Diversity & Inclusion Activities To Do With Your Team
Instead of starting with the intent to “have an activity about D&I,” thoughtful leaders and diversity champions should begin with the end in mind. Set the goal of activities to be both increased interpersonal understanding and increased awareness of invisible things like privilege, not either / or, in order to get the most from your time with the fewest possible side effects.
This article features a handful of activities you can do with your team, broken up into two categories (click on them to jump to that section)
Activities for increasing interpersonal understanding and inclusion
A key outcome of an inclusive workforce is a place where any employee can do their best work. The uphill battle to create this workplace utopia may seem daunting, but the seeds are sewn at the most micro levels of interpersonal understanding.
My Fullest Name
Get this activity started by getting a group together - no more than 5 or 6 people. In the group, go around and share the story of your name. Answer the following questions and tell the story behind it:
Who gave you your name? Why that name?
Do you know the ethnic origin of your name?
Do you have any nicknames? If so, how did you get them?
What is your preferred name?
The goal of this activity is to share histories, cultural stories, and cultivate interpersonal understanding. It’s a non-confrontational way to show difference that requires no “us vs them” dynamics. There’s also an opportunity for people to ask questions and make conversation after everyone in the group has the chance to talk about their Fullest Name.
I Am... But I Am Not
Another group D&I activity, the I Am... But I Am Not activity is an opportunity for individuals to own their identities and confront stereotypes they face. Similar to the My Fullest Name activity, this one is empowering to the individual without creating in-out group dynamics.
Each person in a group (5-6 people), gets a piece of paper with two columns on it. On the left side, “I Am...”. On the right side, “...But I Am Not”.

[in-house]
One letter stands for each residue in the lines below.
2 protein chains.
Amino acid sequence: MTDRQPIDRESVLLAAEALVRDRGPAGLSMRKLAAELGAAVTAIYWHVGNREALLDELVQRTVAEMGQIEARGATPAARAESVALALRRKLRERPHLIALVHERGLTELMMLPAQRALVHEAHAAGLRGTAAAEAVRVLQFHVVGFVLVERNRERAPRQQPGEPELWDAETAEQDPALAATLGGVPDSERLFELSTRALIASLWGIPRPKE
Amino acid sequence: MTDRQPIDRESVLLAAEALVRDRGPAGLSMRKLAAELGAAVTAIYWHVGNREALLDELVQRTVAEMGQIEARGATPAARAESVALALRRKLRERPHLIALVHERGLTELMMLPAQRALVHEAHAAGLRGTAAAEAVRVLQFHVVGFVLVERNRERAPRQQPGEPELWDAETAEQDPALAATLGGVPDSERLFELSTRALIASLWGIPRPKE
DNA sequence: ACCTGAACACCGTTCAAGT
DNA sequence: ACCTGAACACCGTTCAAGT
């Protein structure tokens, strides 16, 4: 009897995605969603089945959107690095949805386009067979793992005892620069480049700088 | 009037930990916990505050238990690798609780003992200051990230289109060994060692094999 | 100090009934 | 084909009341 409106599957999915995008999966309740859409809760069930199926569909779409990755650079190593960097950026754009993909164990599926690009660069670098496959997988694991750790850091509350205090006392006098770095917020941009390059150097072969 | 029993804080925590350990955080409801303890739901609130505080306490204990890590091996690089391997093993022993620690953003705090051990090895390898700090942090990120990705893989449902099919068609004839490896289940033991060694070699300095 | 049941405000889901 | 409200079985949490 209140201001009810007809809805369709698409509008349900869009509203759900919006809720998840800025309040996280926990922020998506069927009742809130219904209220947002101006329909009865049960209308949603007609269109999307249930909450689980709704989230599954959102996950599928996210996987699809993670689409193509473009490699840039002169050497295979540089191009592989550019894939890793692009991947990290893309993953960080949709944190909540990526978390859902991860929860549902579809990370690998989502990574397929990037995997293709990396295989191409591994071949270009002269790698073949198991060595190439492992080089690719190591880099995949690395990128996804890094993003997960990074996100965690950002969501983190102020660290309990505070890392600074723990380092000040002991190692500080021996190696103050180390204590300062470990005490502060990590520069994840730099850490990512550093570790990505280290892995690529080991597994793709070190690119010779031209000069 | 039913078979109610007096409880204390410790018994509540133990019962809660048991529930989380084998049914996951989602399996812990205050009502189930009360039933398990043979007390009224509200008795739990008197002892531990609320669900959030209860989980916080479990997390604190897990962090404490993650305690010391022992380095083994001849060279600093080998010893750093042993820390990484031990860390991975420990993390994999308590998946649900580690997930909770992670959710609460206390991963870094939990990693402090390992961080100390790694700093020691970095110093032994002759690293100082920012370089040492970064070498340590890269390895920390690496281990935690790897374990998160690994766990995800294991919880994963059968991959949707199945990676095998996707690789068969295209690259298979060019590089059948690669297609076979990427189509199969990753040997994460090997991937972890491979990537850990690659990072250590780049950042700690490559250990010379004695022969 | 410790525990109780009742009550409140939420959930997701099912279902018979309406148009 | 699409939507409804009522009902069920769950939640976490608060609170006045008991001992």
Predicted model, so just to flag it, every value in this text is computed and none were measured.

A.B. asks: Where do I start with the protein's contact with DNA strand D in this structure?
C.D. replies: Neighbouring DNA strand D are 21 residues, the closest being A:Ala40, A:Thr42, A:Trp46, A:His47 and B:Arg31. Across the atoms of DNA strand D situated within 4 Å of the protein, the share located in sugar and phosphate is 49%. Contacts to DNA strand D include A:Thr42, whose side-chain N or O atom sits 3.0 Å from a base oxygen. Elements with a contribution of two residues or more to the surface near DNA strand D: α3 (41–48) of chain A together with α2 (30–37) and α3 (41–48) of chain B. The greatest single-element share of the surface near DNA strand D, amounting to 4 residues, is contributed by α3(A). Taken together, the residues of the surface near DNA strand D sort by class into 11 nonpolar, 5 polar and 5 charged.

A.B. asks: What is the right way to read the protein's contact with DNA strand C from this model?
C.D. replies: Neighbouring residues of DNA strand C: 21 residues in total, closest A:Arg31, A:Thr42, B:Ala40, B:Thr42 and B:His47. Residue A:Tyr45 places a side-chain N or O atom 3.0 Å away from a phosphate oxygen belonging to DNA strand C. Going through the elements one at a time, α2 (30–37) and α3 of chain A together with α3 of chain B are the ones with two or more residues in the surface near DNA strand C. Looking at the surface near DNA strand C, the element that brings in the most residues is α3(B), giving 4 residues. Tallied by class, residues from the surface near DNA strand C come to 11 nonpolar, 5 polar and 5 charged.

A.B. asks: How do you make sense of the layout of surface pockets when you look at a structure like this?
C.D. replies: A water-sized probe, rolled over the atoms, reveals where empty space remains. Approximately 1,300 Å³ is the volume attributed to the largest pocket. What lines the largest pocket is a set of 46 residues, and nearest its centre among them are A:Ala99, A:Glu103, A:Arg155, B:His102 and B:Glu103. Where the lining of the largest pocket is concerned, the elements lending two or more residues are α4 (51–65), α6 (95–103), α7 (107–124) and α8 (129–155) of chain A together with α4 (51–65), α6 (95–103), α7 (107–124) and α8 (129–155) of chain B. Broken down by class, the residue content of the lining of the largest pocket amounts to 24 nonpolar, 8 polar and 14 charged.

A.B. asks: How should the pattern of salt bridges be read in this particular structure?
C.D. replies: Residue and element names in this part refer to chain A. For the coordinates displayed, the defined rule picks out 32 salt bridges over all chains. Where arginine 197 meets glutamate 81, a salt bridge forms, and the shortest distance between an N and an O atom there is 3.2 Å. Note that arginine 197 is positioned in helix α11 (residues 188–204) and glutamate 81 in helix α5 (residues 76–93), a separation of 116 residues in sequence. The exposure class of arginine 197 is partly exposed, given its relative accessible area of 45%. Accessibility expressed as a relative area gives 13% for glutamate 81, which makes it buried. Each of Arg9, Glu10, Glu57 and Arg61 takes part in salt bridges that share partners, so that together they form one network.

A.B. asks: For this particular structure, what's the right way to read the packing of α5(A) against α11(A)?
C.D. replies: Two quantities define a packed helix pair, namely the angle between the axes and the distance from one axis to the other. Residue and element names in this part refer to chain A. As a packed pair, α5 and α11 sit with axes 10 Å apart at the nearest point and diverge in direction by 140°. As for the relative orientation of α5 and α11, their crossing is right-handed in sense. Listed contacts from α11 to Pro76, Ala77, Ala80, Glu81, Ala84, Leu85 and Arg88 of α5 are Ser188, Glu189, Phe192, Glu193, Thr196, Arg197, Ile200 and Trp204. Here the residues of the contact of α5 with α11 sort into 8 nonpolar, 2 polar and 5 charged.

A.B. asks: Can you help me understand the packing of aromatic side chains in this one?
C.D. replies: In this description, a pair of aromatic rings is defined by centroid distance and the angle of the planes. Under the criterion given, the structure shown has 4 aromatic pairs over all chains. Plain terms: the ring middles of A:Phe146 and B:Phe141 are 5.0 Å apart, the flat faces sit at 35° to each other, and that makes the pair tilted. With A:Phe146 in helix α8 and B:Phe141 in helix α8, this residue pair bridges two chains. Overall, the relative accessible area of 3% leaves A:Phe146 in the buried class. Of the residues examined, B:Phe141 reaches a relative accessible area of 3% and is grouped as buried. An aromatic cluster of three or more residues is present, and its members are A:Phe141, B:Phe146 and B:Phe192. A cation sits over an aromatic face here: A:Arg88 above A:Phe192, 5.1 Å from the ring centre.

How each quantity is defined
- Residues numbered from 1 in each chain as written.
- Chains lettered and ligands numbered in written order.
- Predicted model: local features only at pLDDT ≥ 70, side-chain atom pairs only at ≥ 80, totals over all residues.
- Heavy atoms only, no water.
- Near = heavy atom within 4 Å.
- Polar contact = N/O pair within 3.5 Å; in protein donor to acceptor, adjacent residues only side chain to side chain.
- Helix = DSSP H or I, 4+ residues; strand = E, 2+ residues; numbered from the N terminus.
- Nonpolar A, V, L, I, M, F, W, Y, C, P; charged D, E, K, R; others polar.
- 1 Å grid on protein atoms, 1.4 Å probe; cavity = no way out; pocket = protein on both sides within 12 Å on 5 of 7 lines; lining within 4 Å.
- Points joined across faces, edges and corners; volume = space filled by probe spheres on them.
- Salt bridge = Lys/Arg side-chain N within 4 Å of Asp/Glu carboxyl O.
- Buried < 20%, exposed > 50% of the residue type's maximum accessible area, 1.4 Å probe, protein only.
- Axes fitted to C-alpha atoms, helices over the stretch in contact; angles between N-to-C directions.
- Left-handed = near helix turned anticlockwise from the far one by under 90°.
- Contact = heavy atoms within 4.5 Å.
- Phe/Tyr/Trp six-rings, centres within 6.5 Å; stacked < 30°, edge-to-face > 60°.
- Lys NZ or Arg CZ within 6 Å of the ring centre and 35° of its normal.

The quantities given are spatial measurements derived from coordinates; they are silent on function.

The purpose is to fill out anything you identify with on the left side, but acknowledge and dispel any insults, stereotypes, or untrue perceptions people face or feel impacts them. Each person should then present who they are and explain who they are not to the group.
A note: this activity requires a lot of trust and patience in the group. There will be many people who bring up tense stereotypes, perhaps views held towards them by someone else in the group. The key here is to present the information purely as an individual owning their identity. Don’t pick fights. Don’t name names.
As a moderator, remind people this is a listening exercise, not a conversational exercise.
The Person I Least Want To Be
The most difficult and potentially raw of the D&I activities in this article, this exercise forces people to make choices about which privilege versus which level of oppression they believe is the worst to have.
Get the exercise started by explaining the identities - privileges and oppressive issues - were picked at random. As moderator, do your best to edit the personalities so there is no circumstance that exactly represents someone in the room.
On the walls of your meeting room, post various identities with a privilege and someone who faces oppression. Examples include:
A single mom student on a full scholarship
Wheelchair bound individual with a very high-salary job
A gay immigrant from an accepting family in a new country because of a successful work transfer
There should be a minimum of three people doing the activity for every post, but no more than five people per post you put up. This group is most ideal with 4-6 posts (a group of 12-20).